Edinburgh Research Explorer

Accountability and generating evidence for global health interventions: The case of misoprostol in Nepal

Research output: Contribution to journalArticle

Related Edinburgh Organisations

Open Access permissions



  • Download as Adobe PDF

    Rights statement: This is an Open Access article distributed under the terms of the Creative Commons Attribution 4.0 International licence, which permits unrestricted use, distribution, and reproduction in any medium, provided the original authors and source are credited. http://creativecommons.org/licenses/by/4.0/legalcode

    Final published version, 285 KB, PDF-document

    Licence: Creative Commons: Attribution (CC-BY)

Original languageEnglish
Pages (from-to)49-64
JournalIDS Bulletin
Issue number2
Publication statusPublished - 8 May 2018


Post Partum Haemorrhage (PPH) is a major cause of maternal morbidity and mortality in Nepal. Compounded by the remote terrain, endemic poverty, and a lack of access to health facilities, the use of misoprostol has advantages over the standard use of oxytocin for PPH management. Unlike oxytocin, misoprostol does not need injecting and a cold chain1. A pilot, managed through the USAID funded Nepal Family Health Programme, was implemented between 2005 and 2009 in Banke district of western Nepal. Its purpose was to determine the feasibility of community-based distribution of misoprostol for preventing PPH to pregnant woman through community volunteers working under government health services.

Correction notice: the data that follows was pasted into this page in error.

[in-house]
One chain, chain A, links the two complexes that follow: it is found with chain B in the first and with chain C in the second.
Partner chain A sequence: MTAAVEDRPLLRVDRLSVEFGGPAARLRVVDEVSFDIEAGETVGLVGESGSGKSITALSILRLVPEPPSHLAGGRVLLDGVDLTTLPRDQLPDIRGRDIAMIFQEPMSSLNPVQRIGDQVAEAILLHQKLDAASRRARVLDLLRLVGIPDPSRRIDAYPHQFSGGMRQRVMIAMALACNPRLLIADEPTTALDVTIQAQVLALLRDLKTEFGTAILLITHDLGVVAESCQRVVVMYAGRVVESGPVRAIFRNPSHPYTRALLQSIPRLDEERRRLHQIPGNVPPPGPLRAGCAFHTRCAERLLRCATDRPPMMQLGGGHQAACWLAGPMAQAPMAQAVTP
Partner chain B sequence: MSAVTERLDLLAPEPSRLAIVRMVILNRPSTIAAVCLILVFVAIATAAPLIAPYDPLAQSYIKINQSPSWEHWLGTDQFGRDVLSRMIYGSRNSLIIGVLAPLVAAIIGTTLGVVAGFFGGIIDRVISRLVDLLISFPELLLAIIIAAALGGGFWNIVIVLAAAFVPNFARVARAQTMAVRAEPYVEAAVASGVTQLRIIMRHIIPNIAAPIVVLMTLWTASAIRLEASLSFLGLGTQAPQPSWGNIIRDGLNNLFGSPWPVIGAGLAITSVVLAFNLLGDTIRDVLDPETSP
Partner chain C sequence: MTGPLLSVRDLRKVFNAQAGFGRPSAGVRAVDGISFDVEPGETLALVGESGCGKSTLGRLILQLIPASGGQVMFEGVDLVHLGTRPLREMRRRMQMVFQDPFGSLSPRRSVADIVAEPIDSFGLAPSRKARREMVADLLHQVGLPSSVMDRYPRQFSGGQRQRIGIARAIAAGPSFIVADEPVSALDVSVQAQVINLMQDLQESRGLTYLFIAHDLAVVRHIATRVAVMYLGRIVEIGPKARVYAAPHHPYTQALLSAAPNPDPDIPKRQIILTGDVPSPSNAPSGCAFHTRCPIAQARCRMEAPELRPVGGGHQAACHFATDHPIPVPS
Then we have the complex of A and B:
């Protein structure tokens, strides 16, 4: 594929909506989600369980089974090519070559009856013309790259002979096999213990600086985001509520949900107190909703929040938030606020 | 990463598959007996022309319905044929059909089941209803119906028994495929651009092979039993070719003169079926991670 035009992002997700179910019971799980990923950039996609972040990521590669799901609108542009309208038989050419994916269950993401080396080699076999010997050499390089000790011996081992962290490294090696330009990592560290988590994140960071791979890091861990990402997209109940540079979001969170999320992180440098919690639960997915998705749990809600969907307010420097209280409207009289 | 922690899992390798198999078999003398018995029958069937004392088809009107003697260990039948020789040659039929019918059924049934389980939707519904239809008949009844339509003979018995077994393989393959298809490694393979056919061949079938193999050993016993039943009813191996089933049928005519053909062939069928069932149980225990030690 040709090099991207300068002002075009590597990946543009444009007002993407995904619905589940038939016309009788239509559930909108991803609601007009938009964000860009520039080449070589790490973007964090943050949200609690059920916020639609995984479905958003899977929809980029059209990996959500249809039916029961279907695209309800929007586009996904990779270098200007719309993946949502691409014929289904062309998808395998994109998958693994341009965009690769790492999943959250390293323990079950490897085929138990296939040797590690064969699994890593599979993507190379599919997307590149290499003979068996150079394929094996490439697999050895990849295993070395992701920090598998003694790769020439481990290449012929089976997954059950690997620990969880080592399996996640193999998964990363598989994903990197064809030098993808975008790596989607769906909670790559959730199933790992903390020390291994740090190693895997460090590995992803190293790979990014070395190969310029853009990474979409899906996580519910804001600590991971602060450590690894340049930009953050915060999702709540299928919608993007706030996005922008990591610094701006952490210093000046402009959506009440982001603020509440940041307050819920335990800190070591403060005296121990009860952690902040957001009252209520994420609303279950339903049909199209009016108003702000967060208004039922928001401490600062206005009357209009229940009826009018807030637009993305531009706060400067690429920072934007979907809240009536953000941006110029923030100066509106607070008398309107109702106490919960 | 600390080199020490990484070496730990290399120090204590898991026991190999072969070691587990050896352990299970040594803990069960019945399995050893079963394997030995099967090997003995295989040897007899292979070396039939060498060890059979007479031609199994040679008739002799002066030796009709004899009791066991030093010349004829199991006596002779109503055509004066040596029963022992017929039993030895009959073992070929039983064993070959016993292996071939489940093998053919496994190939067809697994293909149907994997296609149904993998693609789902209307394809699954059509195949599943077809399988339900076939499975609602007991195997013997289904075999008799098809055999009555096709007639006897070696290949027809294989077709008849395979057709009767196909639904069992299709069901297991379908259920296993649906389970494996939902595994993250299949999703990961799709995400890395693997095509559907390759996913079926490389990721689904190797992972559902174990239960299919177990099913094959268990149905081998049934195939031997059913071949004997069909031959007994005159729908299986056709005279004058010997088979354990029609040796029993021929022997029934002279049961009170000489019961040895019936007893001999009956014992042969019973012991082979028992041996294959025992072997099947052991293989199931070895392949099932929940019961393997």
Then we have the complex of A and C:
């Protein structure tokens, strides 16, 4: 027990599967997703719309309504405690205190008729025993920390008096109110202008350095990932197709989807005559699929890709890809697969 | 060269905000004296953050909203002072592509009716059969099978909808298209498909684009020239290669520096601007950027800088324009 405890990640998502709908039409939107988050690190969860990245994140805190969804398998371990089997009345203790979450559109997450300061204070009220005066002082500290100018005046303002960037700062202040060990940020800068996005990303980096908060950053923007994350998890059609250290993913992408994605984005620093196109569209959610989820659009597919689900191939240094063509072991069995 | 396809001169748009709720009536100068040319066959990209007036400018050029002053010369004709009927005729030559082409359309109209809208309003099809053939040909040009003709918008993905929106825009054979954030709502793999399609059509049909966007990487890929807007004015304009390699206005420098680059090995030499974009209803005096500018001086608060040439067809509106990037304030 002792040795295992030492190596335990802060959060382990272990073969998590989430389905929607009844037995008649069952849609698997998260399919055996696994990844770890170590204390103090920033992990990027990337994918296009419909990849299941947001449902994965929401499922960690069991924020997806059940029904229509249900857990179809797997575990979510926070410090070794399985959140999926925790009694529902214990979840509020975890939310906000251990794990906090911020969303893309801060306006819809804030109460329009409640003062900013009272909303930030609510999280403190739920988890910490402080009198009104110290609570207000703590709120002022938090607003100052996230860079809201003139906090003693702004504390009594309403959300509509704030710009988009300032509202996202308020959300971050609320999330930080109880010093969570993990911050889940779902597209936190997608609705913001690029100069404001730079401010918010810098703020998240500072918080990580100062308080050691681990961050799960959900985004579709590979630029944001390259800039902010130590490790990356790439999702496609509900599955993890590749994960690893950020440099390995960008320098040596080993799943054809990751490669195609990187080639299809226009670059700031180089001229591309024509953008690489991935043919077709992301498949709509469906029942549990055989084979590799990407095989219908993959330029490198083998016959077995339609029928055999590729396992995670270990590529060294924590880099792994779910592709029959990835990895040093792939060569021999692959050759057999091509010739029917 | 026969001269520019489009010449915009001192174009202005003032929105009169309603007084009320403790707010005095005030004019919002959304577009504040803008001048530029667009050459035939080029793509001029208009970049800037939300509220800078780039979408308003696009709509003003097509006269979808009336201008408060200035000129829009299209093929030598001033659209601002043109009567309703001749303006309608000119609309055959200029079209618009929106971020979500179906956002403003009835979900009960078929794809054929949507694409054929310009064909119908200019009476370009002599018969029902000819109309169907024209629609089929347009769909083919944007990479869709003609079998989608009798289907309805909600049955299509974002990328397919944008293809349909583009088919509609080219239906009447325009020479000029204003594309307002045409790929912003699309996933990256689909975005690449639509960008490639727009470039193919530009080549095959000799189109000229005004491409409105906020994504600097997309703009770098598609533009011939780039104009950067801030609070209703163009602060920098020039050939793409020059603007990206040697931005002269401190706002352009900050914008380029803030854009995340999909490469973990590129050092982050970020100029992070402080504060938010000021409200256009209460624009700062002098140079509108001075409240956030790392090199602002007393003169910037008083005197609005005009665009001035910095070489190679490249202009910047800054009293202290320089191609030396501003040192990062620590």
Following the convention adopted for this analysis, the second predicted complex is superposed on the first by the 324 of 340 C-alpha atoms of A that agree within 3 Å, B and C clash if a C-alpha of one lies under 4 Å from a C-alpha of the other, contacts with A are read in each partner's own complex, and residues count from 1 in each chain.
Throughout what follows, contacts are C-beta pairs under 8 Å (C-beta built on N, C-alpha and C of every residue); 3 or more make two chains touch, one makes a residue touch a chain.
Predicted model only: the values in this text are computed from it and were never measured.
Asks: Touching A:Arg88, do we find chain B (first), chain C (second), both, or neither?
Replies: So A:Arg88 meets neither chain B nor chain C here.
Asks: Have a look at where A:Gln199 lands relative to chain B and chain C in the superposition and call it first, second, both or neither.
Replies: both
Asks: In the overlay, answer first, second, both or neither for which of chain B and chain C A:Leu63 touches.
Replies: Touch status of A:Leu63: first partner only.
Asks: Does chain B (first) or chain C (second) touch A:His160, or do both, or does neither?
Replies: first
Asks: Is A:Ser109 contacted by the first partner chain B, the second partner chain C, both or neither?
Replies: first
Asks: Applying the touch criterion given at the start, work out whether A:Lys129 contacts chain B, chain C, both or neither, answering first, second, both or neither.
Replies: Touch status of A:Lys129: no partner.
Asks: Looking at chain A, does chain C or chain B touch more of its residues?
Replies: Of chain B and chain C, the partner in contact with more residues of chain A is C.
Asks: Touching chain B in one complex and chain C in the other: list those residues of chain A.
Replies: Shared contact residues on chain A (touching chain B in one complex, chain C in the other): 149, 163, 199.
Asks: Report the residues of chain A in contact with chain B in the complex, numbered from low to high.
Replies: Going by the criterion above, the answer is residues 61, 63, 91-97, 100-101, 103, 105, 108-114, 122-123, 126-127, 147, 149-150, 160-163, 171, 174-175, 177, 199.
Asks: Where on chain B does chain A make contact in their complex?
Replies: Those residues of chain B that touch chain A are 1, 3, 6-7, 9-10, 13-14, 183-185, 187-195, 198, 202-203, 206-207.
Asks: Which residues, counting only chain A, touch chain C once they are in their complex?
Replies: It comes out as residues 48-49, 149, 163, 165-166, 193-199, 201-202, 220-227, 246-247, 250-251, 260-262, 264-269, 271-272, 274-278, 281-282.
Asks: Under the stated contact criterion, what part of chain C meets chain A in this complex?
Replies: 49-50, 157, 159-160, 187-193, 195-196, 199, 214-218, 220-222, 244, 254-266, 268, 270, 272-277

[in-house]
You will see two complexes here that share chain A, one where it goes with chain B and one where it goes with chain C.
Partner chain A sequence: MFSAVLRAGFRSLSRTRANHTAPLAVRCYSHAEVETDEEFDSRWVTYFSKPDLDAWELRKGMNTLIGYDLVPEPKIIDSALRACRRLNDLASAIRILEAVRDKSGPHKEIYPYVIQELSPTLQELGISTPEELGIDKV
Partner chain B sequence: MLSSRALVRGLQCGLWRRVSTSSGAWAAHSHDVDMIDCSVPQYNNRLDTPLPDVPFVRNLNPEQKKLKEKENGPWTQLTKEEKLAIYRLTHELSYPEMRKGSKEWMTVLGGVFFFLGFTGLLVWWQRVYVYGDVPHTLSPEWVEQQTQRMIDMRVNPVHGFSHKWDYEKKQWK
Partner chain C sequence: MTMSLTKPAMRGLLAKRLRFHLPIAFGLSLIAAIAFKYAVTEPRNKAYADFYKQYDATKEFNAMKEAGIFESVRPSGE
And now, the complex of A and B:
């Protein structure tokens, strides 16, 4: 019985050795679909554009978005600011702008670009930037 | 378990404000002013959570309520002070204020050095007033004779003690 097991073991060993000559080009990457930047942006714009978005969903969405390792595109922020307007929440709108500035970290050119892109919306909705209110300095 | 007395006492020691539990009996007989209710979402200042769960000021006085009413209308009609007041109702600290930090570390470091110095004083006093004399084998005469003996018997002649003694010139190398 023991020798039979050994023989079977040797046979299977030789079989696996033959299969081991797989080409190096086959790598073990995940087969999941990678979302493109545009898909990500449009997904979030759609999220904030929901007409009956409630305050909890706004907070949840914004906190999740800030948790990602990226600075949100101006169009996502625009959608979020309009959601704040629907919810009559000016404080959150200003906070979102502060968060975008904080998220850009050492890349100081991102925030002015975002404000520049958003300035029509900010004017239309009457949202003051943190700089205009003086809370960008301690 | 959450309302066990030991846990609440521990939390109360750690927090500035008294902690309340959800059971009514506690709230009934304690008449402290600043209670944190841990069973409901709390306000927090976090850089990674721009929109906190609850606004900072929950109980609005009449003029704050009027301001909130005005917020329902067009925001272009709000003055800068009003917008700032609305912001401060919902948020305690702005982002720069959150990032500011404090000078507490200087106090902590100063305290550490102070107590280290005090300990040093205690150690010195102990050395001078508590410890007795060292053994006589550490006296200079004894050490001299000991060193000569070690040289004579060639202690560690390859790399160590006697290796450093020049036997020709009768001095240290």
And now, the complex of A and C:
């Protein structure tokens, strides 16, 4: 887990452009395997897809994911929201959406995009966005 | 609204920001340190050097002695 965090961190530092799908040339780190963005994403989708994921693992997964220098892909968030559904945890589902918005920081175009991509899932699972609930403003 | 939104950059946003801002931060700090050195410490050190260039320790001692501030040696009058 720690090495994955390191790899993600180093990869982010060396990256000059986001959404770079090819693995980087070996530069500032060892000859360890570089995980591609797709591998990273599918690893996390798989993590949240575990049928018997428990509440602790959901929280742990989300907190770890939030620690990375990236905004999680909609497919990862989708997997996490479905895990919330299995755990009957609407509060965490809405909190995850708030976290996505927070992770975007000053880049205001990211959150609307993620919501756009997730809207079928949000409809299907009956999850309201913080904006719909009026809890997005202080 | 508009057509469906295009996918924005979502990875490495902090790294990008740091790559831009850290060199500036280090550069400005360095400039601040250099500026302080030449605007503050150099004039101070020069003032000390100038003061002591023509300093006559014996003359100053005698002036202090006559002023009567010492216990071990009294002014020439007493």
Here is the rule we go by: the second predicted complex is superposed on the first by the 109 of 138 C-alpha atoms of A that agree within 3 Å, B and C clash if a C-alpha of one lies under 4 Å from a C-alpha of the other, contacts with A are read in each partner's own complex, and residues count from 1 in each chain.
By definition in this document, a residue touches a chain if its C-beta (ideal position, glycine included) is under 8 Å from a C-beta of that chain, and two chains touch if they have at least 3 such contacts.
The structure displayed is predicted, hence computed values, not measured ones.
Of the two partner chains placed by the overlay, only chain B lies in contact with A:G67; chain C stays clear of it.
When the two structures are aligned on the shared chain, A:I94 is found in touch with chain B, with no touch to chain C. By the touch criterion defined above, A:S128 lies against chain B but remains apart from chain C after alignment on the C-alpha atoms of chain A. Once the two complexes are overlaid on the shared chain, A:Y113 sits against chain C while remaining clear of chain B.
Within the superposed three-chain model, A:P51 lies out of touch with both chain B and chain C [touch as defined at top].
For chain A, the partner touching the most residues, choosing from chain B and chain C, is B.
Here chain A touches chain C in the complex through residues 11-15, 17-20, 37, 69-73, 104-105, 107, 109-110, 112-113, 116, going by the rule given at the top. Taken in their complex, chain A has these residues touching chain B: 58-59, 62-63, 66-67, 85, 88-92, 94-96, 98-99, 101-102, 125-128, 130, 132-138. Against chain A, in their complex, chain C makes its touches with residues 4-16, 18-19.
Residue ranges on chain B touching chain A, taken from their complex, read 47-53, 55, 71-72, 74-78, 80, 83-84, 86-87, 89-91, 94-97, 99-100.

Drawing on our qualitative study involving interviews, reviews of documents and fieldwork in Kathmandu and Banke district, we reconsruct the social history of the design and the implementation of this pilot intervention, and the institutional relations involved in the practices for bringing misoprostol into national policy. In the intense and competitive global and national policy arena, sustained lobbying and getting the right people on board were as powerful drivers as the quality of the intervention itself. Underlying the intervention itself were strong ideological drivers and vested interests (of USAID, WHO and international research organisations), and complex national and international organisational politics. The case study takes us to the heart of the debate around the politics of generation of evidence for interventions in global health programmes, and ultimately the question of accountability for health policy and practice.

Download statistics

No data available

ID: 51417033